Vic: Bryan, I'm not an attorney, but I can tell you the courts don't like have their decisions ignored. If the NFL did what you're suggesting, it would suffer major financial damages, and whatever political favor the league has built over the years would be lost. Don't forget what happened to baseball in the mid-1980s. The owners decided the way they would deal with skyrocketing free agency salaries would be to not sign free agents. Makes sense, right? But the players association hit major league baseball with a lawsuit charging collusion, and it cost the owners $280 million in damages. Once the courts rule, you may not operate in contempt of that decision. The courts established free agency, and the courts were not going to permit the baseball owners to conspire to effectively extinguish it. The Maurice Clarett matter is of huge importance to professional and college football. I'm thinking the most prudent course might be for the league to keep it out of the courts.
Jon from Jacksonville:
Whatever happened to developing talent in the NFL? Over the last few years the Browns and Bengals have drafted quarterbacks early in the first round. They throw them in and they fail. Why not let them sit and bring them along in a timely manner?
Vic: Jon, free agency and the salary cap have caused a lack of patience. As far as Steve Young is concerned, he came to the 49ers after he had failed with the Bucs. He was an inexpensive quarterback who was acquired for the purpose of being a backup. That he developed into one of the great quarterbacks in the history of the game was completely unforeseen.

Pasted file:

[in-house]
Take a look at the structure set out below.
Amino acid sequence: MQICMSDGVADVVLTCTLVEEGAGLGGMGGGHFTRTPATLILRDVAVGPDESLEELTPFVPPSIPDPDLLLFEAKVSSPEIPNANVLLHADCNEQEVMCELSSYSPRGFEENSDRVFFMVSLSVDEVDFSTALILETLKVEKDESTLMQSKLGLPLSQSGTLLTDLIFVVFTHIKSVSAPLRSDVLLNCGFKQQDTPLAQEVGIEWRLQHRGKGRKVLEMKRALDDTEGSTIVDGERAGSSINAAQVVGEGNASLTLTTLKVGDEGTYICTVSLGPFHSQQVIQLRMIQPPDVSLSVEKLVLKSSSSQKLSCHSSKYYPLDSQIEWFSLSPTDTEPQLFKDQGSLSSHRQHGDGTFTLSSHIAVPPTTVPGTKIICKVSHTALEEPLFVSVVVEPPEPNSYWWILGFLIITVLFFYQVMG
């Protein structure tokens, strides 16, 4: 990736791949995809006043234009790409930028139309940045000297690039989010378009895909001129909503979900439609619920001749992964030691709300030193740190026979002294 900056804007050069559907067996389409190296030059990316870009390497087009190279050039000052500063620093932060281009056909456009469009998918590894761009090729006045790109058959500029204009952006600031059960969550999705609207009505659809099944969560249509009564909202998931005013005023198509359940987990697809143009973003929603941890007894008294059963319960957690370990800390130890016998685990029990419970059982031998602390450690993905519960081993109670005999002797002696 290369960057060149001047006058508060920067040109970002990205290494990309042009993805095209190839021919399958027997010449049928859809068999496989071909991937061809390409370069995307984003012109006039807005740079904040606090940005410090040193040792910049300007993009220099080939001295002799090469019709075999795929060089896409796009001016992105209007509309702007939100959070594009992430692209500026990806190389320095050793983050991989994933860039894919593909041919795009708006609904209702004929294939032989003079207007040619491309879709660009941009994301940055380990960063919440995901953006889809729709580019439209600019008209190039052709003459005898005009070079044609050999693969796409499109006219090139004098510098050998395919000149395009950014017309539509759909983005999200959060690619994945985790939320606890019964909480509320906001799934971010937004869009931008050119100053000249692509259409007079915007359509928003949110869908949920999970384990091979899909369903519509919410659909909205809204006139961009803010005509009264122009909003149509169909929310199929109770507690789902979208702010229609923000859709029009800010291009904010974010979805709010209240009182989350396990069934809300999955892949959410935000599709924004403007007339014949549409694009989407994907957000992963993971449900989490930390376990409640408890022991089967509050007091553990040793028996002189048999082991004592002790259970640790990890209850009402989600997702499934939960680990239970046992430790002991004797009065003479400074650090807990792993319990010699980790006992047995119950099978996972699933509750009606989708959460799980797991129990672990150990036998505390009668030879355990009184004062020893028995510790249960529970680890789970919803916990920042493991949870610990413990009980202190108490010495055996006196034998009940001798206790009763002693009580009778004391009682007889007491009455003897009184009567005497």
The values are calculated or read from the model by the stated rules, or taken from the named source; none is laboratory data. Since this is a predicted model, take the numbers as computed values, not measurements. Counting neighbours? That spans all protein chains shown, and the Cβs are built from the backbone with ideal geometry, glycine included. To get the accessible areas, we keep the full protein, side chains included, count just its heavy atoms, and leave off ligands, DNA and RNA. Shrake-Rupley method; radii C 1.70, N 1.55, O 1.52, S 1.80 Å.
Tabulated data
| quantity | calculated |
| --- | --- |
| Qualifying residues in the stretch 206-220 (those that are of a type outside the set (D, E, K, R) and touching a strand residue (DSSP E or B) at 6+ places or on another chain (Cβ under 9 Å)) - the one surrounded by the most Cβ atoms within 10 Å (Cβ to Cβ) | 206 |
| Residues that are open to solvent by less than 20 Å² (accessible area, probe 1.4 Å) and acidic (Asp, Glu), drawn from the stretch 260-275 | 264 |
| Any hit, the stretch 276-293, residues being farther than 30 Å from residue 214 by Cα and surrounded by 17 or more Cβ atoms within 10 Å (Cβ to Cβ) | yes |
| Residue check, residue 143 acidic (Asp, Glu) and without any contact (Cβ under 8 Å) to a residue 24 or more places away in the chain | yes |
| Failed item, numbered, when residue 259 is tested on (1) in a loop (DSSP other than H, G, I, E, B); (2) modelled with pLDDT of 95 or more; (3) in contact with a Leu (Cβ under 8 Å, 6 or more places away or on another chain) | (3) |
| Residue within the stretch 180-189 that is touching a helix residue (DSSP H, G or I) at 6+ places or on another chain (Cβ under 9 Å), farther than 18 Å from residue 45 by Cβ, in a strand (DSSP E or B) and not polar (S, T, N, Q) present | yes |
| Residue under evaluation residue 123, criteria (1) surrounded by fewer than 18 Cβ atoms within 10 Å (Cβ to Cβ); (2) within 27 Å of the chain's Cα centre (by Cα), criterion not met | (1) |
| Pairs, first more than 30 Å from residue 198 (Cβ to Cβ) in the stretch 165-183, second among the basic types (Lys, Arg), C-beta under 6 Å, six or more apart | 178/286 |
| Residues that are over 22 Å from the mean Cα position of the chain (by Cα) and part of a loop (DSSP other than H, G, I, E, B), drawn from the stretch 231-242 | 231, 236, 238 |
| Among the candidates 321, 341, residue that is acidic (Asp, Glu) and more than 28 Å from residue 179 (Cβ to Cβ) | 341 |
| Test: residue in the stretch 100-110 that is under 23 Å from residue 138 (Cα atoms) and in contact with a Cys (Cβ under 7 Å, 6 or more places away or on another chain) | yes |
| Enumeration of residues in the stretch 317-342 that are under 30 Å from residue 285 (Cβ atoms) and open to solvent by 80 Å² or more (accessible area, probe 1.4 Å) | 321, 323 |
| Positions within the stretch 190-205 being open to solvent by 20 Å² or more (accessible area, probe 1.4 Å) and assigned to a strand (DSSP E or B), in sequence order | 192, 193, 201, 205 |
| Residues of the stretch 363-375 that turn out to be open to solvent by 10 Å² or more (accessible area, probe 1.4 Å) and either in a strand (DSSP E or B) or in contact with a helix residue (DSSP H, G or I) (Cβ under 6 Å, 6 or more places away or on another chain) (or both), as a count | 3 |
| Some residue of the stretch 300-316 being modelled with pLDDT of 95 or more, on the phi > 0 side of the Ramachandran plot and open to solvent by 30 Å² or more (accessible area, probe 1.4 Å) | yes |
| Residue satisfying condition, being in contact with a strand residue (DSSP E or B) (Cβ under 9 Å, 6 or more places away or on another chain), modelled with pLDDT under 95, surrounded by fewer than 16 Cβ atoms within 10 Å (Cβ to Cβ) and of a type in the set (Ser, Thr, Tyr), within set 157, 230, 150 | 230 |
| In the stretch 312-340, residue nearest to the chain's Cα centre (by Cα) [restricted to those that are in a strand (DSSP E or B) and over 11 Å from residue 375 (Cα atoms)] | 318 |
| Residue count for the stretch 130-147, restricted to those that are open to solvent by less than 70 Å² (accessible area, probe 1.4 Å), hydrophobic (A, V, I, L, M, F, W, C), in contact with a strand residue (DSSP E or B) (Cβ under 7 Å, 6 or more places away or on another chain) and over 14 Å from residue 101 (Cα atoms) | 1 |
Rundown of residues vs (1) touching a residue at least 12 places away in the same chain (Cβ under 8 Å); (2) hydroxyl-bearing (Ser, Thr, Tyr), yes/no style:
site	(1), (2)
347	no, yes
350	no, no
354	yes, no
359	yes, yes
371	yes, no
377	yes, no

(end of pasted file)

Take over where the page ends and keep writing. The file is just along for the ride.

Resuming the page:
Chad from Easley, SC:
What is the percentage that a player will play if listed as doubtful, questionable, probable?
Vic: A player listed as "doubtful" is regarded to have a 25 percent chance of playing, "questionable" is 50 percent, and "probable" is 75 percent.
Bruce from St. Simons Island, GA:
Leftwich is quickly arriving on the landscape, ready or not. What is your opinion on how he'll hold up physically as a non-mobile quarterback. Also, could you refresh my recollection as to McNair's first game and first-start stats?
Vic: Fortunately for Byron Leftwich, he has come to the Jaguars at a time when the performance of their offensive line is in ascent. Steve McNair made his first start in the next-to-last game of his rookie season, 1995. Against the Jets, he completed 13 of 27 passes for 198 yards, one touchdown, no interceptions and an 85.1 passer rating. He played in his first game a week earlier, replacing Chris Chandler and completing 16 of 27 passes for 203 yards, one touchdown, one interception and a 79.7 passer rating.
Joe from Green Cove Springs, FL:
If Leftwich starts against Houston and the Jags win quite handily, does he start the next game, even if Brunell is healthy?
Vic: If Byron Leftwich starts this Sunday and performs impressively, one of the first questions Jack Del Rio will be asked on Monday is if he subscribes to the philosophy that a player can not lose his starting job due to injury.
Deanna from Houston, TX:
Hi, it's me, again, the "football virgin." First of all, thanks for the great advice earlier, it's working. I will be going to my first pro game this weekend. I get to see the Jags beat the Texans. It would be great to meet you. I have tickets in the lower-level end zone, section 117, row D.
Vic: Deanna, I'm a married man.